[¶13.]  In December 1985, two dogs allegedly owned by appellees,1 being where they should not have been and doing what they should not have done, caused injury to appellant Thomas R. Williams, the local postal carrier, while he was engaged in mail delivery at an adjoining house. Upon return from the grocery store, while unloading her purchases in the garage, appellee Jennifer Johnson released the family's two golden retrievers "from the garage area of the home into the front yard." Appellees had a prior "dogs running at large" city ordinance charge against them.

[¶14.]  As the postman was delivering mail at the neighbor's home, he alleges that the dogs "leaped upon the porch" and attacked him, and while in the act of evading the attacking animals, he twisted and seriously injured his knee. This suit followed, claiming recovery for that injury. Appellees were renting and the owner was also originally named as a defendant and subsequently dismissed by stipulation.

[¶15.]  Following a course of discovery and submission of pretrial memoranda, the order on pretrial conference vacated a trial setting and found

that another hearing is necessary on Defendants' motion for summary judgment on the issues of whether Plaintiff must show that Defendants were aware of the vicious propensities of their dogs in order to recover in this matter and whether Plaintiff can recover in this matter even though he was not actually bitten by Defendants['] dogs but was just frightened by their dogs, * * *.

Following briefing on both issues, summary judgment was granted to appellees by finding:

1. The Plaintiff does have a cause of action for being frightened by Defendants' dogs and does not have to prove under the law that he was actually bitten during the alleged attack,[2] however, Plaintiff must show that Defendants had knowledge of the dangerous propensities of their dogs;

2. The Defendants did not have knowledge of the dangerous propensities of their dogs;

3. There is no material question of fact to be decided by the trier of fact and Defendants are entitled to Summary Judgment[.]

[¶16.]  I would certainly concur with the majority that this case was casually pleaded. See DeRobertis by DeRobertis v. Randazzo, 94 N.J. 144, 462 A.2d 1260, 1262 (1983), where it was perceived that an air of casualness permeated the proceedings. But even so, I dissent in concluding that a claim was properly stated which was not suitable for disposition by summary judgment on this record.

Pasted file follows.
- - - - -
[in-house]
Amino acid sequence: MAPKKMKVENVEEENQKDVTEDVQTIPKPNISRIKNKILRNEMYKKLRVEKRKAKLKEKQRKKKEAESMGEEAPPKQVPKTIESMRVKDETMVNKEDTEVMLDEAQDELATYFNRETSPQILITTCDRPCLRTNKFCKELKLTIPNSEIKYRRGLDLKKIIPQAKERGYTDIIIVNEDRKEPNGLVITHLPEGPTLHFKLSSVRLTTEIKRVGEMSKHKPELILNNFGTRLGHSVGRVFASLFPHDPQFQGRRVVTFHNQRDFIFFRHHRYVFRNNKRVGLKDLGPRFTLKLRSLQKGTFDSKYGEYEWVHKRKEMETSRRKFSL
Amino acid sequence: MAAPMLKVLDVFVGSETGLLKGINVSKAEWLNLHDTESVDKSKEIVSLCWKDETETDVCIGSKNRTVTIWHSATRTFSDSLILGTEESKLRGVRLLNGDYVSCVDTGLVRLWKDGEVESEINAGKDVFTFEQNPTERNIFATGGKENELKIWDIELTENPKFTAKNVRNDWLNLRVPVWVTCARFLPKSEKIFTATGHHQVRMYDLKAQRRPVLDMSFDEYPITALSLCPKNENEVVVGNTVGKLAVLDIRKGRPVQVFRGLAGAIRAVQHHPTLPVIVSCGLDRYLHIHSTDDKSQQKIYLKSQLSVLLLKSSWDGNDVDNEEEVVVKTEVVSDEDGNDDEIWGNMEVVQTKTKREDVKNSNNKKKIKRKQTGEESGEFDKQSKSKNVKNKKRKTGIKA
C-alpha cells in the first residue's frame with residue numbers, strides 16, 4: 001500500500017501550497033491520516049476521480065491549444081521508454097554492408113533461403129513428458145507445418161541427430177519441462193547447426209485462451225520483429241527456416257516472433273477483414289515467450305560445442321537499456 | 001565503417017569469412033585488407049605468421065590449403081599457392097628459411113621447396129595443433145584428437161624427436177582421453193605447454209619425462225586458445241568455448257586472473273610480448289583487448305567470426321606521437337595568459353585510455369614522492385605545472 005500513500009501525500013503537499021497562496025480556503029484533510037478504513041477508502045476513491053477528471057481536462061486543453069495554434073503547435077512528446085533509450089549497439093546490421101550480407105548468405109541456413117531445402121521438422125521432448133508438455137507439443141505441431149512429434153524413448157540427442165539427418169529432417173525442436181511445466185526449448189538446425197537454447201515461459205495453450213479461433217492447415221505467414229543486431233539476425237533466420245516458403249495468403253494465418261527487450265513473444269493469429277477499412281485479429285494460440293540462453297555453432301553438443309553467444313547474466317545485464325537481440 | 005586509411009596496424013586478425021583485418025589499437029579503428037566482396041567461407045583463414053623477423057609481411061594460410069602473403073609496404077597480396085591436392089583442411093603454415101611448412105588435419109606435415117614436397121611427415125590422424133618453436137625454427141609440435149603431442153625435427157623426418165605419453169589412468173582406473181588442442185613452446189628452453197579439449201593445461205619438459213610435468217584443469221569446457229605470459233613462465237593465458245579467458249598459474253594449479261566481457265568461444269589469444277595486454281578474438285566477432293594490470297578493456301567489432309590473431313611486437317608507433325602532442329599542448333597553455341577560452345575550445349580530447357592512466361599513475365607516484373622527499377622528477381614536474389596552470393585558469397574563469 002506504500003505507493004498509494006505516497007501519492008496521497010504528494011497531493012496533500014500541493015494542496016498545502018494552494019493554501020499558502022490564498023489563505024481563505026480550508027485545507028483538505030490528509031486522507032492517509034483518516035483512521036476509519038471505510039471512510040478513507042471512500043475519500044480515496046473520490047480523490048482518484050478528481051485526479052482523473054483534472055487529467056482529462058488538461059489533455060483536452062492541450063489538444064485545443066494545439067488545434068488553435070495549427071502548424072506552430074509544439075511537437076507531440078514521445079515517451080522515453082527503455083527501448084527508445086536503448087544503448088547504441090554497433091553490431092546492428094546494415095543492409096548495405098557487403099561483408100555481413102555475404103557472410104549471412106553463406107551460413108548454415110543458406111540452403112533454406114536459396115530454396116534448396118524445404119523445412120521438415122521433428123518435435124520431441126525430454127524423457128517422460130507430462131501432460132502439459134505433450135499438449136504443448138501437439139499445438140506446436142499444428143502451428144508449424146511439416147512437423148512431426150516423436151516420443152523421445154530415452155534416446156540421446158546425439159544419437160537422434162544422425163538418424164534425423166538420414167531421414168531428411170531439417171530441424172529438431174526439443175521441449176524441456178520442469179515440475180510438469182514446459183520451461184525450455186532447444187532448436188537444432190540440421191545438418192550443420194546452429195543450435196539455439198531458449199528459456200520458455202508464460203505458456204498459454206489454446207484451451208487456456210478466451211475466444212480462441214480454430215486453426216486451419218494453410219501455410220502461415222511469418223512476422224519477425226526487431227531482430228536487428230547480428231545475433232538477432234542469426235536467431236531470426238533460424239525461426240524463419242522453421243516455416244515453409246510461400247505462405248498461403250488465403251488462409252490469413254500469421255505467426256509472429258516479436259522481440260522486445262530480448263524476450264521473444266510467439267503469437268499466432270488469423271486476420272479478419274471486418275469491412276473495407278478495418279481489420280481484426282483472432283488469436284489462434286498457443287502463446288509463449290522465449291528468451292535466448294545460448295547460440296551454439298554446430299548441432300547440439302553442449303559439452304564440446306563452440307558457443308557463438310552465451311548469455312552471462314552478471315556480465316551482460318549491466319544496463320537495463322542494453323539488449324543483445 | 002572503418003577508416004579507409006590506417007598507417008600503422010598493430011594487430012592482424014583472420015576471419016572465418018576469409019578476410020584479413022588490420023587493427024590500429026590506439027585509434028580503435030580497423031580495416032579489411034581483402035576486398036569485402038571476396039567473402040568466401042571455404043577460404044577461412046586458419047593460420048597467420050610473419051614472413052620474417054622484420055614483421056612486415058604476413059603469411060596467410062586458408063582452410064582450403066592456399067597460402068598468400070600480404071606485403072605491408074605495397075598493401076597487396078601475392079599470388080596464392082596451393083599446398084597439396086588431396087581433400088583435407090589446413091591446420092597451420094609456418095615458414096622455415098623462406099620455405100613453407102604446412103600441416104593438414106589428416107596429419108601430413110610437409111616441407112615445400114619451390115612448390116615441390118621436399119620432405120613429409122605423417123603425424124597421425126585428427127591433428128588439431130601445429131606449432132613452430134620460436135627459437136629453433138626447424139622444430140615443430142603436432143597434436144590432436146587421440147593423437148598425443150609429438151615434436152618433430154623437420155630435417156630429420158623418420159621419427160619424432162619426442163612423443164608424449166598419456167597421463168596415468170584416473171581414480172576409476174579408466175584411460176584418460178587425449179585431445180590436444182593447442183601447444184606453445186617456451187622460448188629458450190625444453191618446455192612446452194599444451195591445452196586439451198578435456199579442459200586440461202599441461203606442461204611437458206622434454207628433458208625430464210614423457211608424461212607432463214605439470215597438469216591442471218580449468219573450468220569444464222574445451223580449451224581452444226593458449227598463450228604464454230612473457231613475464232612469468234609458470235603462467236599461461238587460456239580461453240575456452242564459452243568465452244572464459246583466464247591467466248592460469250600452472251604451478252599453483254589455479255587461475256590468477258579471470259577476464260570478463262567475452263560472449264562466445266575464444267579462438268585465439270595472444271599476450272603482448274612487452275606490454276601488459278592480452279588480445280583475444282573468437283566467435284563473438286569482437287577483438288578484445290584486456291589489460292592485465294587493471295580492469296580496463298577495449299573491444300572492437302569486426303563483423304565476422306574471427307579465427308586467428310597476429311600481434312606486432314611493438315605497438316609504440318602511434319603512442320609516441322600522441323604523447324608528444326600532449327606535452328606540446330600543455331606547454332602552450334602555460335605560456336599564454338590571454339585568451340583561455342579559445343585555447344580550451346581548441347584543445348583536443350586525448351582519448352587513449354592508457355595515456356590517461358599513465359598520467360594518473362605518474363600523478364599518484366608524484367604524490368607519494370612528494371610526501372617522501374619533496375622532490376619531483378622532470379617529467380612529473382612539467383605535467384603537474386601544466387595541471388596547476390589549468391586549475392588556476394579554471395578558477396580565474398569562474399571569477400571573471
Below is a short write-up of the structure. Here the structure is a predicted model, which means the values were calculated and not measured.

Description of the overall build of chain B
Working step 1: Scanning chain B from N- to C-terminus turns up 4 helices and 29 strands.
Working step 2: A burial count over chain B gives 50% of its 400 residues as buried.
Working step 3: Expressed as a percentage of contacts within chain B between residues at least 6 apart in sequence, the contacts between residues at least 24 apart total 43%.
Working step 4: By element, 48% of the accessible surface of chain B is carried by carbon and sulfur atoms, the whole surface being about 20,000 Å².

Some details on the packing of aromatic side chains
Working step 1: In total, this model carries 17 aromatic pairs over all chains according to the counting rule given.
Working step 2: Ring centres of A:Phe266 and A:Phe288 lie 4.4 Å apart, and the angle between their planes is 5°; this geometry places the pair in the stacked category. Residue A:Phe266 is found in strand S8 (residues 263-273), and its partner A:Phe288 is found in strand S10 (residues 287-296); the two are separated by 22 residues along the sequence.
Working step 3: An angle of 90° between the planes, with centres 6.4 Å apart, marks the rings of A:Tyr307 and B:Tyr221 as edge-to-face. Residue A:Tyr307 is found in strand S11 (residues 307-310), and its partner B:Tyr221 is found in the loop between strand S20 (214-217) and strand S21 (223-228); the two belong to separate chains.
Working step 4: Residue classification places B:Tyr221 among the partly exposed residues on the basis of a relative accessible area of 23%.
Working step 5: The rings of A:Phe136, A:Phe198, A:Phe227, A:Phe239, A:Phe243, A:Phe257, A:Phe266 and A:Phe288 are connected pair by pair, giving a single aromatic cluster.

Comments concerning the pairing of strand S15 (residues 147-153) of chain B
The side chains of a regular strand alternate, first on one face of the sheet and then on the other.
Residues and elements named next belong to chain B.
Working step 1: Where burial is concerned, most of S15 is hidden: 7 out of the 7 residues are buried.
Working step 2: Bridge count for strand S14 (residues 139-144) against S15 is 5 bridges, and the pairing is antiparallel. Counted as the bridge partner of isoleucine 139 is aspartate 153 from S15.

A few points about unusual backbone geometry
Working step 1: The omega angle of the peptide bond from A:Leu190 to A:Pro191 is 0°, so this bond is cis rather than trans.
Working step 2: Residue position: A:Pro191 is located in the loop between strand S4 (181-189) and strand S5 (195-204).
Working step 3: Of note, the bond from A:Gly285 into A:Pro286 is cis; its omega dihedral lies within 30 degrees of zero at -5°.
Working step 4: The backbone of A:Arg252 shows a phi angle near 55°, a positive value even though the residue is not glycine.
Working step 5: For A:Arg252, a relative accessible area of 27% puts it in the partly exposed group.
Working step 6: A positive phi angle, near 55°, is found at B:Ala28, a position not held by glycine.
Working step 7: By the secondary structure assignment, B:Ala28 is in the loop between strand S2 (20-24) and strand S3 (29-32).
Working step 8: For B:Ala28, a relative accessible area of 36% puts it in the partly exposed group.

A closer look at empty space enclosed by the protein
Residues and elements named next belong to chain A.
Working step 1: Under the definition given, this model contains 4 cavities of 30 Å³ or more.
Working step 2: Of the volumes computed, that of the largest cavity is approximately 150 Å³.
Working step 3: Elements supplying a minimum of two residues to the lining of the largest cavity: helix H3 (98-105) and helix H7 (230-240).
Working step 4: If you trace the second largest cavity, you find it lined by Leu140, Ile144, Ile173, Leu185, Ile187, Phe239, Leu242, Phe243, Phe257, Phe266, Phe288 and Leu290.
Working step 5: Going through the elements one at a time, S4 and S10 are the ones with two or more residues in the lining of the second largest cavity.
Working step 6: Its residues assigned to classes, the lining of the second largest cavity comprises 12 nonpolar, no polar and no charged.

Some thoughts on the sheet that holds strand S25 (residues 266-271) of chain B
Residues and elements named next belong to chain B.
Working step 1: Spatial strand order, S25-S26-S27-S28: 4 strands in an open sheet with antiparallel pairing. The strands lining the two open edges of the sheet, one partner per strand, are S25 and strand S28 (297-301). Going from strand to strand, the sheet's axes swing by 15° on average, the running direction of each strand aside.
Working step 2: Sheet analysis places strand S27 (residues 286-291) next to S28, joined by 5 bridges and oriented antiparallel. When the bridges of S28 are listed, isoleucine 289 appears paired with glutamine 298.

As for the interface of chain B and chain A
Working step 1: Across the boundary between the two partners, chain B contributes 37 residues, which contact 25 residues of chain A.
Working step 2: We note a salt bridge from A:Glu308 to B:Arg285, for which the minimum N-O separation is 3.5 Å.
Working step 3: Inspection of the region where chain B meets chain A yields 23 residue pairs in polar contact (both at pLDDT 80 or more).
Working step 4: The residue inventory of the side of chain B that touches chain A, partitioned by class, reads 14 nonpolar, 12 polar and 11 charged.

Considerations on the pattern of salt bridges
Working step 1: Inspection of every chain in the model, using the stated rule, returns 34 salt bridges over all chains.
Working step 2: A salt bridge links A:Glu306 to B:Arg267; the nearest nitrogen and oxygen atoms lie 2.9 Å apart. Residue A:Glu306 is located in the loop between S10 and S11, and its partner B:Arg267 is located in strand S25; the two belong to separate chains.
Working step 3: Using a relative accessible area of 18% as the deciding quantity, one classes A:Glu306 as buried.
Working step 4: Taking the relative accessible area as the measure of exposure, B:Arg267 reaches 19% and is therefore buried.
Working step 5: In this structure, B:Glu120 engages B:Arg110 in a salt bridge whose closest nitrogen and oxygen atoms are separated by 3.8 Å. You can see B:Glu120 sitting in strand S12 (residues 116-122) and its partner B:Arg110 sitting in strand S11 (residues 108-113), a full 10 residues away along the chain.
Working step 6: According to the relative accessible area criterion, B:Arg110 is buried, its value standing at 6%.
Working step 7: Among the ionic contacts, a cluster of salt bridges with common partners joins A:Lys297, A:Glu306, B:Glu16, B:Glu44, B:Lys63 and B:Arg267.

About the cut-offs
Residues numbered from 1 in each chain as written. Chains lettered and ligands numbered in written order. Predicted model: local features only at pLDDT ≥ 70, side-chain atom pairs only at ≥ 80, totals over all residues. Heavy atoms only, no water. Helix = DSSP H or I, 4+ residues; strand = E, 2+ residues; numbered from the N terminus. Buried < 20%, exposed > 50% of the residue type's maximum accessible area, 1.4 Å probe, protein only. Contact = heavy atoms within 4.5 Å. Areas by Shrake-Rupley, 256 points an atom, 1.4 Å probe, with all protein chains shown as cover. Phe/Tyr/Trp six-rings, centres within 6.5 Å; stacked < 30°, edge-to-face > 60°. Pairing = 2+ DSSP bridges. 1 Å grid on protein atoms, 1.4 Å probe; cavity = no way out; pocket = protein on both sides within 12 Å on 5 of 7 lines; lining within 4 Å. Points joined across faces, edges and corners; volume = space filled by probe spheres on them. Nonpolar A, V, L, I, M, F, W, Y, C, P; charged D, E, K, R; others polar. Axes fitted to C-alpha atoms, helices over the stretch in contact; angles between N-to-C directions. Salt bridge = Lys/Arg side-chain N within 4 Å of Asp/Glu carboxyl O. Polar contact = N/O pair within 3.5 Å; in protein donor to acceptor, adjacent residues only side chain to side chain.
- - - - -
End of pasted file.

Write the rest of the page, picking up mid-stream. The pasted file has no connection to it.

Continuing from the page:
[¶17.]  This majority correctly recognizes that there are three different legal bases for recovery for dog caused injuries. The first is found in strict liability under Restatement (Second) of Torts § 509 at 15 (1977), where caused by a dog with known dangerous propensities:

(1) A possessor of a domestic animal that he knows or has reason to know has dangerous propensities abnormal to its class, is subject to liability for harm done by the animal to another, although he has exercised the utmost care to prevent it from doing the harm.

(2) This liability is limited to harm that results from the abnormally dangerous propensity of which the possessor knows or has reason to know.

This is the strict liability claim.

[¶18.]  The second basis of recovery is ordinary negligence in failure of maintenance or control within Restatement (Second) of Torts, supra, § 518 at 30:

Except for animal trespass, one who possesses or harbors a domestic animal that he does not know or have reason to know to be abnormally dangerous, is subject to liability for harm done by the animal if, but only if,

* * * * * *

(b) he is negligent in failing to prevent the harm.

This is the ordinary negligence claim.

[¶19.]  The third basis of recovery arises from contended violation of statutory or ordinance prohibitions creating "animals running at large" control requirements. This is the statutory violation claim.

[¶20.]  I would also concur with the majority that summary judgment could have been properly granted within the pleading and text of this case if confined to either the first or third theories of recovery. Unfortunately, the majority then intermixes criteria of the strict liability and the violated "dog running at large" ordinance concepts in resolution of the second cause of action, which is ordinary negligence. In this regard, error resulted in trial court decision and is now perpetuated by confusion created by this majority's confirming decision.

[¶21.]  Directly stated, neither knowledge of dangerous propensity nor alleged violation of an ordinance is necessarily required to present a negligence claim in maintenance and control cases resulting from dog inflicted injuries. The issue is whether this theory of recovery is negligence in maintenance or release of the animal, proximate cause, and consequent injury with resulting damage, personal or property. The operative claims of appellant's complaint include: